Judy: You know how sometimes when you put something out into the universe that, that helps is happen? Well, I had lunch with a guy that runs a wildlife rehab facility for seabirds two weeks before Gigi landed on the bridge, and I told him “Jay, I want to make a film about pelicans, but I don’t know how to start. I don’t know what the structure is going to be. I don’t want it to be a boring educational film; I don’t want it to be totally science based. I want it to be storytelling”. He said “fine, whenever you get started, call me again. I’ll let you into this pelican aviary we have up here, and you can just film as much as you want”.

Two weeks later, this friend of mine emails me and says “You’ll never guess why I was in a jam on the Golden Gate Bridge this afternoon; a pelican stopped traffic on the bridge”. That’s how I found out about it, and then my husband Mark, he’s pretty good on the internet, so he started searching around for YouTube videos. A day or two later he found one that had been shot by some bicyclists who were crossing the bridge, so we contacted those folks and I thought this is a perfect narrative beginning to this movie; a pelican landing on the bridge and stopping traffic, getting herself arrested, being taken away in a police car – the whole thing was kind of funny and sad – it made you curious. You know, what happened to the bird. I wanted to know what happened to the bird, and they said “Sure, you can use it,” and I had the beginning of my movie, and its narrative, it’s a story. Coincidentally she ended up at the aviary that my friend works at, and I was able to film her up there.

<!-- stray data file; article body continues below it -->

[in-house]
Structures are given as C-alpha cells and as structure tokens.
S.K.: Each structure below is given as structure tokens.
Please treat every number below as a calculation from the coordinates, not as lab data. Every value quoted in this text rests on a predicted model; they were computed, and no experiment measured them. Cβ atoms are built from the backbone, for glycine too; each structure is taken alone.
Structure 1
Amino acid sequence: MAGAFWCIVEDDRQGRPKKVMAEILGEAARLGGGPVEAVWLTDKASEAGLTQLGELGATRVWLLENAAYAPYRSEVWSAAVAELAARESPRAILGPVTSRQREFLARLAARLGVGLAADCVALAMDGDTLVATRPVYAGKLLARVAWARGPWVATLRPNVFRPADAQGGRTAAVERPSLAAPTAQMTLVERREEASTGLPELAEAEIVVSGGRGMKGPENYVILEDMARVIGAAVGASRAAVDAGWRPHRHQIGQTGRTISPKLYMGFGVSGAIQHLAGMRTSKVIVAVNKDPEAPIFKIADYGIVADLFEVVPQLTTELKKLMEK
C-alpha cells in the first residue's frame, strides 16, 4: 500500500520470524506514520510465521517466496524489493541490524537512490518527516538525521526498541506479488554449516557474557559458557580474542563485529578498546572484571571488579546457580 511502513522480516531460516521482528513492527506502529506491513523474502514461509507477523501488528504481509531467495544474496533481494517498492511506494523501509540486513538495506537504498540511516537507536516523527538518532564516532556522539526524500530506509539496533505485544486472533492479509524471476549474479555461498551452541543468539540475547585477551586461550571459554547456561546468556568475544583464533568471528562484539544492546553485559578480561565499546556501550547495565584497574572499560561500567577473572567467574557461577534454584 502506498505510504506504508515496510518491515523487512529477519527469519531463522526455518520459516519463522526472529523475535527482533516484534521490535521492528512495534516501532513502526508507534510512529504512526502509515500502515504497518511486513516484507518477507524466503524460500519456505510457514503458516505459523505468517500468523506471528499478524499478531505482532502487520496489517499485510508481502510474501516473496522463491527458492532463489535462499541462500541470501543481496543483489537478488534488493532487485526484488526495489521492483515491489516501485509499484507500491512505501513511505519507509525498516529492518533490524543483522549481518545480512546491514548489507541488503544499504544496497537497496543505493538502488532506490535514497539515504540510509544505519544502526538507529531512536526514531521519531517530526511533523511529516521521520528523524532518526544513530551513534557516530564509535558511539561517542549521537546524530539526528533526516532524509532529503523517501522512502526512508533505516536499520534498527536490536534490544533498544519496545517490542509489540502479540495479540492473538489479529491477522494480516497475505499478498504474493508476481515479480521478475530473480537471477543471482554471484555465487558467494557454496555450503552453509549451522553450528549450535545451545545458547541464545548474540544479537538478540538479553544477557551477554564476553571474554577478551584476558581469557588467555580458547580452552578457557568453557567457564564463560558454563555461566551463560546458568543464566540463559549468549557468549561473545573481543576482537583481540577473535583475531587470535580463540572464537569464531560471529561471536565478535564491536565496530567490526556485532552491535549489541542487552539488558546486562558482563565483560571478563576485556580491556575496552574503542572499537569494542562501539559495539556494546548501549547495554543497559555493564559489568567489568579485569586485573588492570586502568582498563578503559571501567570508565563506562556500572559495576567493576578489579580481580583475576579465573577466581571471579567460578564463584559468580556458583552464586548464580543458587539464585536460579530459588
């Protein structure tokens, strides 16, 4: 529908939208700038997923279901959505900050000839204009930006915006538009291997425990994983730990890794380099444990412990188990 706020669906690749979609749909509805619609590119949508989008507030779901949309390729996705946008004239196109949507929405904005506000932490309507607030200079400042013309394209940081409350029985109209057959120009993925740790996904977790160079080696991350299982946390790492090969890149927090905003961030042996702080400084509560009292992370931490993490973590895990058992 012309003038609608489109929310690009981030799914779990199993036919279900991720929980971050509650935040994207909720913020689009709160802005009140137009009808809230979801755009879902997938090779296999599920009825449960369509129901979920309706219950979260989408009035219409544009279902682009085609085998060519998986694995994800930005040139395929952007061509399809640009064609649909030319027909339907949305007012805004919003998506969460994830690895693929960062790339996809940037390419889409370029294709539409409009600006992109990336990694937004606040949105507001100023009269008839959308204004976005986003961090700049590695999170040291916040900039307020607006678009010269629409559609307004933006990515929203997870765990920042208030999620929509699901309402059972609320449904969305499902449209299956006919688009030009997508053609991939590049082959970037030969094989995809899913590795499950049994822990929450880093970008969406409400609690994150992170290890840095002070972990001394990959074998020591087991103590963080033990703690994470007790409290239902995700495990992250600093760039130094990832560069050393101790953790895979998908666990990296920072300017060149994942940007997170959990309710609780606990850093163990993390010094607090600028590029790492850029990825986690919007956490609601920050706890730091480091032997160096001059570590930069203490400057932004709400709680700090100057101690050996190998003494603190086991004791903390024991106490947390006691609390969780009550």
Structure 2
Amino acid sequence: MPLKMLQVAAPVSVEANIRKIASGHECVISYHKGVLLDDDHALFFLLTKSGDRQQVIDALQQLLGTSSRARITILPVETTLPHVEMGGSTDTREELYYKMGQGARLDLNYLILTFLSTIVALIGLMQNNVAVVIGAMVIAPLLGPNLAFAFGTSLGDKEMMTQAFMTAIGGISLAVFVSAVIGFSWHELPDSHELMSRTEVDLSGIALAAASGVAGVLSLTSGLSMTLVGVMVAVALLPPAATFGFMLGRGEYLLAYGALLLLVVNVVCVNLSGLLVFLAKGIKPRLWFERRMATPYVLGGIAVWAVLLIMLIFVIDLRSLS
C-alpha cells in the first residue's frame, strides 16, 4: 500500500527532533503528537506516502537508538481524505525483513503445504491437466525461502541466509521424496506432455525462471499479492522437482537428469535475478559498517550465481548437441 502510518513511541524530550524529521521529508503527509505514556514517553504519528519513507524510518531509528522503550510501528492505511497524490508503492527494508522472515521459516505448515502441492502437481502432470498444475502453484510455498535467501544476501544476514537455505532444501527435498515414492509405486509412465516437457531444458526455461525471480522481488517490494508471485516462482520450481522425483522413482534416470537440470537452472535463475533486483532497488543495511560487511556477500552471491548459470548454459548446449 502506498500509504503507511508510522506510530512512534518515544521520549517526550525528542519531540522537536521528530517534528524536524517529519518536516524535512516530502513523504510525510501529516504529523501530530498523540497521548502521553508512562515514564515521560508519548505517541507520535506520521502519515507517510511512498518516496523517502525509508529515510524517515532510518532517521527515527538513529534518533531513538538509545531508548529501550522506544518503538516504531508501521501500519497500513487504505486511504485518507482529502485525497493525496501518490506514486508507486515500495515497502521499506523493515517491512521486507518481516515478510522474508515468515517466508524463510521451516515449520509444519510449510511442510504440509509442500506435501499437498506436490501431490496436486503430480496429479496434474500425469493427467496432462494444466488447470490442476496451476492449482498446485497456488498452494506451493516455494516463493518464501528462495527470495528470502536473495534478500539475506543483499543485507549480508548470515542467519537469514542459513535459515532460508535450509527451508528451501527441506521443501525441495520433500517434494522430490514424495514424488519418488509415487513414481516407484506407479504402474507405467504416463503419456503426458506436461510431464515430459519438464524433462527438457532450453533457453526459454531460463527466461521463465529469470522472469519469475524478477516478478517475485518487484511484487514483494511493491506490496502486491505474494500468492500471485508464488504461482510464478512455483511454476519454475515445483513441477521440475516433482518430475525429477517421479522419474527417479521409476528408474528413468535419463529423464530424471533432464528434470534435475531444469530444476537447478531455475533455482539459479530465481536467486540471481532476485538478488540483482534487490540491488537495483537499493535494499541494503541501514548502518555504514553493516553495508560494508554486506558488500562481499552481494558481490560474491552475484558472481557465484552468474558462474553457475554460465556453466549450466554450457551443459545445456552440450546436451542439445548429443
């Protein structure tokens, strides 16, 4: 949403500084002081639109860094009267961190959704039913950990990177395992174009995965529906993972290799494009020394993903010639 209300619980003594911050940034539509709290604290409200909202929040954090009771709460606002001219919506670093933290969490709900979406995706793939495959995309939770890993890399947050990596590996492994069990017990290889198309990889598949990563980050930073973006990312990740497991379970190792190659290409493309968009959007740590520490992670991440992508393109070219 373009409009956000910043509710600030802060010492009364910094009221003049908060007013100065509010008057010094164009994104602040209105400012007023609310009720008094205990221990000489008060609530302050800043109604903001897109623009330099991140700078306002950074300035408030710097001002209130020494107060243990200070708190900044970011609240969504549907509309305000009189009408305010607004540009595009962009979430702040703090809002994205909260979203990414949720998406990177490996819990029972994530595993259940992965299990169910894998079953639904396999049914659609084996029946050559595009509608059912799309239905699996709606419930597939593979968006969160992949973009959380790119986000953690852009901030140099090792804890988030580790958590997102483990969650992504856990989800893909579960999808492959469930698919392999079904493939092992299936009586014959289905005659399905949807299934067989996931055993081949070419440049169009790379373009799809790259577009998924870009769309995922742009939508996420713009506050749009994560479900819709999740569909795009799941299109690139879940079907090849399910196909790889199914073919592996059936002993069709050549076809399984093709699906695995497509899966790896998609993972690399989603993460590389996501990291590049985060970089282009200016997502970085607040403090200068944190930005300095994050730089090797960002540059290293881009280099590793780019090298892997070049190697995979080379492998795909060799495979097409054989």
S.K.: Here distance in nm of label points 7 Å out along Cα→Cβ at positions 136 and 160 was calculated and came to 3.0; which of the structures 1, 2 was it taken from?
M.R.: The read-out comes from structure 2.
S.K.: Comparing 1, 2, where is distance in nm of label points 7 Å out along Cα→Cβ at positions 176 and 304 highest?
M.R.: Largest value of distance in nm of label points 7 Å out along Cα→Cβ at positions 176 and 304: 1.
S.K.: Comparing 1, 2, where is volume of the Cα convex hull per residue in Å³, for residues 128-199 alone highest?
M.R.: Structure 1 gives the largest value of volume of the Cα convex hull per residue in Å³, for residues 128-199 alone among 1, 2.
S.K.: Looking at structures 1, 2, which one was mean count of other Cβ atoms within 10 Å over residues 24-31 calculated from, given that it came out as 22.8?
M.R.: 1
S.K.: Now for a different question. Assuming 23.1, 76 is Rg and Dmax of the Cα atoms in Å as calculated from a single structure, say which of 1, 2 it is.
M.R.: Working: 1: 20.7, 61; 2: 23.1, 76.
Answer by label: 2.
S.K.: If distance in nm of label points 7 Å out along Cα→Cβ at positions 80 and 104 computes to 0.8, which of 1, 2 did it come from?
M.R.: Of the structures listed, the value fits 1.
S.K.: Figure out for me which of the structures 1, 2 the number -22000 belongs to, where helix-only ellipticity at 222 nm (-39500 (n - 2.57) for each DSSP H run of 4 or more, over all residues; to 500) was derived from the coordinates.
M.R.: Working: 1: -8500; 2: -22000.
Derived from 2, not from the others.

Why Pelicans?
Judy: I first saw them in Florida. My grandfather pointed them out to me. They were flying along the coast, and I just thought they were fantastic ancient looking birds. They were like flying dinosaurs, and now, we’ve come to find out they really are flying dinosaurs, so they were fascinating to me. They looked ancient, but they were, hanging out at the harbor and not particularly afraid of people…I’ve just really loved them all my life, but I didn’t know anything about them…If you really love and respect something, you want to know more about it. This film was a way of me getting to know what they’re like. One of my aims with this film was to get to know a Pelican. Can you get to know a Pelican? You’ve got to see the film and find out.

Part of your film points out that Pelicans are coming over here more and more, and it seems [in the film] as though it’s because we’re destroying our habitat. Is it because we’re destroying their habitat?
Judy: These birds having been flying up and down the coast of North America, and South America [as well] for many, many millions of years. They are way older than we are. They evolved 32 million years ago and we evolved five million years ago, so they’ve been around way longer than we have. So they’re flying along, and they’re fishing and then at night they roost on land –they can’t roost in the water – so they always come on land to sleep.